People everywhere want variations on the same things. They want wellbeing and prosperity for themselves and future generations. Now a necessary cost of doing business in most parts of the world is helping them to develop their own capacity to ensure the wellbeing.

Tying together the business of development with the business of doing business is a major key to long-term success, one which can best be achieved by applying community development principles to business operations.


The challenge of promoting the sustainable development of human societies in relationship to the ecological systems upon which they depend is at least as complicated and technically difficult as the most advanced forms of resource extraction.

There are thousands of examples worldwide of “development” initiatives which have either failed to bring real improvements to the lives of people, or which have actually worsened their condition. Among these examples are many situations in which “development” programs have actually contributed significantly to the widening of inequalities within regions and to the perpetuation of serious conflicts.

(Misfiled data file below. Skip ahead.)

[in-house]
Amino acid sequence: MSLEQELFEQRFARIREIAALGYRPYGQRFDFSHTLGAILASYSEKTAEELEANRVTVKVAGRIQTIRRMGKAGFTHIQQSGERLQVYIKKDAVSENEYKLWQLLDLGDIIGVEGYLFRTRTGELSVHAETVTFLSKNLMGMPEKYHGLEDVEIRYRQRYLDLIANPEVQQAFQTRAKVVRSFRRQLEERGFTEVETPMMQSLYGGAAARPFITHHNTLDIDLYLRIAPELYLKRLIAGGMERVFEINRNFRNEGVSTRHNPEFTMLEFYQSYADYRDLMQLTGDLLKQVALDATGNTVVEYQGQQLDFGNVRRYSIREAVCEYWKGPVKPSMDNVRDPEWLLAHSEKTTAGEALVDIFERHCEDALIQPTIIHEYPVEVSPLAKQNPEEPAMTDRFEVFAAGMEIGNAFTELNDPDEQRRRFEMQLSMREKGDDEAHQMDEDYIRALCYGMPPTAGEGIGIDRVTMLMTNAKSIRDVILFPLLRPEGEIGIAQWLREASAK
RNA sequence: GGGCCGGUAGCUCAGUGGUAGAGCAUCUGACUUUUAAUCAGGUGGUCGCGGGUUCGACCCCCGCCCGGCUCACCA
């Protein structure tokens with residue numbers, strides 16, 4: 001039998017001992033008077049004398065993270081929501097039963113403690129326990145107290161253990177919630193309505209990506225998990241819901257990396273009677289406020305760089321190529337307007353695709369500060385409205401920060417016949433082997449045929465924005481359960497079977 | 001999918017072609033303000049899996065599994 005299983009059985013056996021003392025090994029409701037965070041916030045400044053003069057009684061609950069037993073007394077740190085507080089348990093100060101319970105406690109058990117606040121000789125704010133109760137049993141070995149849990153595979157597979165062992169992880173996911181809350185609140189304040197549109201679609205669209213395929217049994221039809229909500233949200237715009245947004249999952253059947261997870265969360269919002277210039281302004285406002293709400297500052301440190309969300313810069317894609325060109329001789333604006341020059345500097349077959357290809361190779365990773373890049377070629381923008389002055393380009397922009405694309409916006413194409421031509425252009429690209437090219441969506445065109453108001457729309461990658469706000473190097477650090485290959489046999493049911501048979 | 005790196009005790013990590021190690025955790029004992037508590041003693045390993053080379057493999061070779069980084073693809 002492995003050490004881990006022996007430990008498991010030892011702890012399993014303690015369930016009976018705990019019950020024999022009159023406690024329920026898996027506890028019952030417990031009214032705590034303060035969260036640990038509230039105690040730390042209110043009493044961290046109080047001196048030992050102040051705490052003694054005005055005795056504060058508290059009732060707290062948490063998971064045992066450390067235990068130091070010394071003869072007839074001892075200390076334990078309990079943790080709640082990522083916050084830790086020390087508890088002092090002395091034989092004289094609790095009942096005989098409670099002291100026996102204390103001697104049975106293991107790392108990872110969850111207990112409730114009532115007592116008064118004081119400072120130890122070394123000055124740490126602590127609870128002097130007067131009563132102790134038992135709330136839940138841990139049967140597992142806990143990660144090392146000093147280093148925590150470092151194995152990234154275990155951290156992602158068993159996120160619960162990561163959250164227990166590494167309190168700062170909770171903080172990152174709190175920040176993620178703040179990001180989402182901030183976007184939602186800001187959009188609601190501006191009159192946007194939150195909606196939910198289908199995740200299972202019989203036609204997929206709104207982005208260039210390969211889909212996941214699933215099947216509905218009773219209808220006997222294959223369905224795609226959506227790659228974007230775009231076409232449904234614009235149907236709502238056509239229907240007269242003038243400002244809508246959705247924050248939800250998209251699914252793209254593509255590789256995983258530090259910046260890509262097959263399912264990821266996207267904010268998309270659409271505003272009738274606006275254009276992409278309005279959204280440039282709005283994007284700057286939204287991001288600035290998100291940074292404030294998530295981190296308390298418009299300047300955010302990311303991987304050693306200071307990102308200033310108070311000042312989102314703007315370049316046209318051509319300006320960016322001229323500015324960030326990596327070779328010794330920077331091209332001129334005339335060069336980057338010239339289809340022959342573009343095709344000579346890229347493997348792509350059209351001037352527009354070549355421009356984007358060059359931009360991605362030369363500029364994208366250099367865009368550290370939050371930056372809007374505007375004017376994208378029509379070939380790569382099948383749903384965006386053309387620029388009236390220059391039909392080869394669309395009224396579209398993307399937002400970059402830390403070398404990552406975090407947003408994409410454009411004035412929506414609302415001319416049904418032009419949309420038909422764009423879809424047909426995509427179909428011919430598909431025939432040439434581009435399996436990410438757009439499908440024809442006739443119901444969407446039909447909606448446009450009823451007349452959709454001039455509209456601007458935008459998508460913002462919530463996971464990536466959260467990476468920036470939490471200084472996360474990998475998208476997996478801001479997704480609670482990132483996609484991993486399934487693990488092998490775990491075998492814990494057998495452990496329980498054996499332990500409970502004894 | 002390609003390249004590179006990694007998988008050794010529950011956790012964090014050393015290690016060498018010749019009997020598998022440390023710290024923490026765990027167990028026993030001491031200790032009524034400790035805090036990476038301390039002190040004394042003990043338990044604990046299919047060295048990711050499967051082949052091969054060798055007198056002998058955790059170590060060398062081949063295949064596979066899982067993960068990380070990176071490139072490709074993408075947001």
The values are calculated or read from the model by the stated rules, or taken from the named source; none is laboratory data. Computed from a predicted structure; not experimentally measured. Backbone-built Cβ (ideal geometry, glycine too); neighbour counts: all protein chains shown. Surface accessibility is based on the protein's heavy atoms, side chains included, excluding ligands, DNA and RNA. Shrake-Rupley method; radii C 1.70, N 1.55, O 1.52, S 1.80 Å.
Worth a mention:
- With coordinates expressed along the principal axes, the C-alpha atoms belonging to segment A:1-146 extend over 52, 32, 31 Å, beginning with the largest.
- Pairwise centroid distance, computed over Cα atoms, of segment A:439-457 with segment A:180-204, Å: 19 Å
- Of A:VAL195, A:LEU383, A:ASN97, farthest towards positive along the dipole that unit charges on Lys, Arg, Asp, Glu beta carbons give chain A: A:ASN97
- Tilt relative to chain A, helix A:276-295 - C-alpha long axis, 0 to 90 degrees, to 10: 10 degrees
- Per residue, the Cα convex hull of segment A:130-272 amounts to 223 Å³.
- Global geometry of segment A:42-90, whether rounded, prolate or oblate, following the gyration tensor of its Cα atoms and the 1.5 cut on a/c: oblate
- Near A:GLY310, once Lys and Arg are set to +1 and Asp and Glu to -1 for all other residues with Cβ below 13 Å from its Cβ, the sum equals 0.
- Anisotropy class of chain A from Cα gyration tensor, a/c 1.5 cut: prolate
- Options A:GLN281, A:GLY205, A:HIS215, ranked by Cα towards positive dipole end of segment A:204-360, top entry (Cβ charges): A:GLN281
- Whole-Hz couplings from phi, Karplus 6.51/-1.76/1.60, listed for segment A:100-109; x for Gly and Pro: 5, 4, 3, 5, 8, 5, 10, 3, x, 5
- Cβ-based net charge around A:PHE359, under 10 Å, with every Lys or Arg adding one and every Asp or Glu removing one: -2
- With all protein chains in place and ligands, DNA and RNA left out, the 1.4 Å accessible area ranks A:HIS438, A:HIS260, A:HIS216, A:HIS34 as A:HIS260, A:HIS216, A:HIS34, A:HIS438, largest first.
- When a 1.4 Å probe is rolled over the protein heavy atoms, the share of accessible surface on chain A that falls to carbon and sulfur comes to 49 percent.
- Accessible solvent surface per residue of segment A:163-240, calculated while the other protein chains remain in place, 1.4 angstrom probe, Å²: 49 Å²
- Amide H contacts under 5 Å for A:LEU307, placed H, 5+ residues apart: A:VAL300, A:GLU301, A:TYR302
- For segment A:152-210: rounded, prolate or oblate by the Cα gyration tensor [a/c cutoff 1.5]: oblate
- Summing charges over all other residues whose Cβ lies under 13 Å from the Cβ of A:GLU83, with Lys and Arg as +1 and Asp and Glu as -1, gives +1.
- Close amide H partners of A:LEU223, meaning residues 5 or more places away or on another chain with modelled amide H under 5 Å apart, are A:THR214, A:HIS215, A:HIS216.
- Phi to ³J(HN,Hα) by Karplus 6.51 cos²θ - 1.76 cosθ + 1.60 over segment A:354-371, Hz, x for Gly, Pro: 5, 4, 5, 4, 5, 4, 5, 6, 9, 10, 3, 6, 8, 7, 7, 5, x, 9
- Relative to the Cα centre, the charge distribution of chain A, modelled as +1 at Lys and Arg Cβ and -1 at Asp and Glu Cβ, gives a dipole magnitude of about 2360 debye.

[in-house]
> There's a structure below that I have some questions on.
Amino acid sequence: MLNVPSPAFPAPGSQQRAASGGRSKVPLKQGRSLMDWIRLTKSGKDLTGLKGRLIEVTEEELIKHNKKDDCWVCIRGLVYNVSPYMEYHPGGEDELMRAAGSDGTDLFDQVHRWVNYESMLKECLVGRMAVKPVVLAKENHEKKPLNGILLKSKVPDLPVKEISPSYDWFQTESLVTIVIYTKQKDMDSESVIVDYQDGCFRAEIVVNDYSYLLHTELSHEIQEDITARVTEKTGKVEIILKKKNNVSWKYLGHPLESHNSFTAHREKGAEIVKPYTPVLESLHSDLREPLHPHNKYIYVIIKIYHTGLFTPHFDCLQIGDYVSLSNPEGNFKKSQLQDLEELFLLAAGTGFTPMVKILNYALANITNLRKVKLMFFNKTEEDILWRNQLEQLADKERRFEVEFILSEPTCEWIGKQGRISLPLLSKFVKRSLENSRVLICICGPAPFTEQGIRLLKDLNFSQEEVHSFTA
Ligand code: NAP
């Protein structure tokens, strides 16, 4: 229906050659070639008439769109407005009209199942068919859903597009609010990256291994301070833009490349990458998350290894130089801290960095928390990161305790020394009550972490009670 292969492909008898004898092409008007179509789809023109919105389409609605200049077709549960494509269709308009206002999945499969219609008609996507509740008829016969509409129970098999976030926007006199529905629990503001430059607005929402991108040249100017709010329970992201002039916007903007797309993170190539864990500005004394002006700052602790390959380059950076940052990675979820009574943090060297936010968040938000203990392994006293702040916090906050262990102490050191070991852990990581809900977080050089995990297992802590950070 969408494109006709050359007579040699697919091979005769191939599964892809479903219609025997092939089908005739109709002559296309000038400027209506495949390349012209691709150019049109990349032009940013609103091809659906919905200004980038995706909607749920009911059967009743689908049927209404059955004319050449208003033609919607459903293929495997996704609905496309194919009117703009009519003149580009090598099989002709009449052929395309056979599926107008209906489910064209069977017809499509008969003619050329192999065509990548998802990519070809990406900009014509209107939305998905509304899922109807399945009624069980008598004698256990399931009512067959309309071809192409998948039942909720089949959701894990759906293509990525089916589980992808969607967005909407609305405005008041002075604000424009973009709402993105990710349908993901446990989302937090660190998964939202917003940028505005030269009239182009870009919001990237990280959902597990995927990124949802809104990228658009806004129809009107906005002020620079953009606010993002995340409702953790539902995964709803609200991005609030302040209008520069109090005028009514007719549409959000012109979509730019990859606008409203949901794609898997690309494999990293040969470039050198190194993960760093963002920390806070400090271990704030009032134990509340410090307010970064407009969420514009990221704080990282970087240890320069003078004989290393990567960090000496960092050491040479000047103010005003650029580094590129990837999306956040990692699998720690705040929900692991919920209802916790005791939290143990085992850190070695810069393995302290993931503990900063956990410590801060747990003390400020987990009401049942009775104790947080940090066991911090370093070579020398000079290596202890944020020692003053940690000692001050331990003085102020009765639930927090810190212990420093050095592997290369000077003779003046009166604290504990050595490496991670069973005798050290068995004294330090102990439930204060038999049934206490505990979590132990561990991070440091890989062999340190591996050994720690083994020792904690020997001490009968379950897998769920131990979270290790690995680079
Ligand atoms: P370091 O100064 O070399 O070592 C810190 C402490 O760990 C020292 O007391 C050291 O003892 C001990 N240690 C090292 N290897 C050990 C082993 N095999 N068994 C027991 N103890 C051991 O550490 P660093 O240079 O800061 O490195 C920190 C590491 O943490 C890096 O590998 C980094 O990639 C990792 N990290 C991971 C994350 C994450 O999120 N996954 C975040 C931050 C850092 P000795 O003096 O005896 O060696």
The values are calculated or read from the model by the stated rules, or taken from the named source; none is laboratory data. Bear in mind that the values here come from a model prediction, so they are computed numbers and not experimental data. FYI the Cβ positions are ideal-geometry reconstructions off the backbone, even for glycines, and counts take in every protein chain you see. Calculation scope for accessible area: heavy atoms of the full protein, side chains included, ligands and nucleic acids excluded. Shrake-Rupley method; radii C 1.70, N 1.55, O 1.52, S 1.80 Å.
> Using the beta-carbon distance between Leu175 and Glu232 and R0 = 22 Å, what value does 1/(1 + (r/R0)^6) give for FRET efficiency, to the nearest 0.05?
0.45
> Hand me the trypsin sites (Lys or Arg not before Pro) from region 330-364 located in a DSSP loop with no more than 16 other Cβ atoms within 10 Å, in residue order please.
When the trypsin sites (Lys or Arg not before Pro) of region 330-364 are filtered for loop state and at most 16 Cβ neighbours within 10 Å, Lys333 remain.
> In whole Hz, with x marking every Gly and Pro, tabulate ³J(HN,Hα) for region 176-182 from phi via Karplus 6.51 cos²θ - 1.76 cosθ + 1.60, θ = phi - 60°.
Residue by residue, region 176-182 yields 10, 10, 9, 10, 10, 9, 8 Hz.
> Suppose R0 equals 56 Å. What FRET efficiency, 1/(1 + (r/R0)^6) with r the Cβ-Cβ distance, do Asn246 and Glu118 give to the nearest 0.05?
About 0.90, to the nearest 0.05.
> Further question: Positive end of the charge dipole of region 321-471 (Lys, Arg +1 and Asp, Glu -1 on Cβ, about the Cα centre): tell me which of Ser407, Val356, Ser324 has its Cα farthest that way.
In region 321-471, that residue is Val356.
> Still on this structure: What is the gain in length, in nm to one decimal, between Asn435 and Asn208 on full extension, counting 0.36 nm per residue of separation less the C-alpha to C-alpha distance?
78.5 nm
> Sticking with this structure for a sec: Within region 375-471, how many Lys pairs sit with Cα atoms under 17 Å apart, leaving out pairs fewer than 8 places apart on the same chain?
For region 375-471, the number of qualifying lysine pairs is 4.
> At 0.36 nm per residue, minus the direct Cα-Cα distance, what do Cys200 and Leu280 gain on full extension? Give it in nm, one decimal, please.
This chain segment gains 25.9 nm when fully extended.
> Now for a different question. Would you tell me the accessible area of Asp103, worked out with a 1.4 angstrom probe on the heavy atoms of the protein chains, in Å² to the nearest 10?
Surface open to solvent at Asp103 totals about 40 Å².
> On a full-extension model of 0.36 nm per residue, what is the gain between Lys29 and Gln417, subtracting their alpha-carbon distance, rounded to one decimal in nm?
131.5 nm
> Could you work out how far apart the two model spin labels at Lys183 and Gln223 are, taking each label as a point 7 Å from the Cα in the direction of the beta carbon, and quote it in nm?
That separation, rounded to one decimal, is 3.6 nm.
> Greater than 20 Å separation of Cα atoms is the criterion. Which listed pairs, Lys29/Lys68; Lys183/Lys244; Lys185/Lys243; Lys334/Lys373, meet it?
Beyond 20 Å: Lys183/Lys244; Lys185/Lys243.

Indeed, a naively conceived and poorly executed community development program can (inadvertently) raise expectations, inflame local rivalries, and tip the power balance within local populations to such an extent that a company that set out to help local people may find itself bitterly resented and the target of retaliatory attacks.

Our point is this: no well-managed resource company would even consider placing untrained and under-experienced people in charge of complex exploration, extraction or refinement processes. The financial stakes are just too high and human lives would be at risk. Similarly, the work of guiding and managing development initiatives is complex and (in some regions) potentially dangerous. It requires people who can read and understand the depth and range of complexity within a wide variety of contexts, who are knowledgeable and experienced in the work of engaging local populations in processes of constructive development and, in this case, who can serve as a bridge between local populations and the company in the work of building effective partnerships.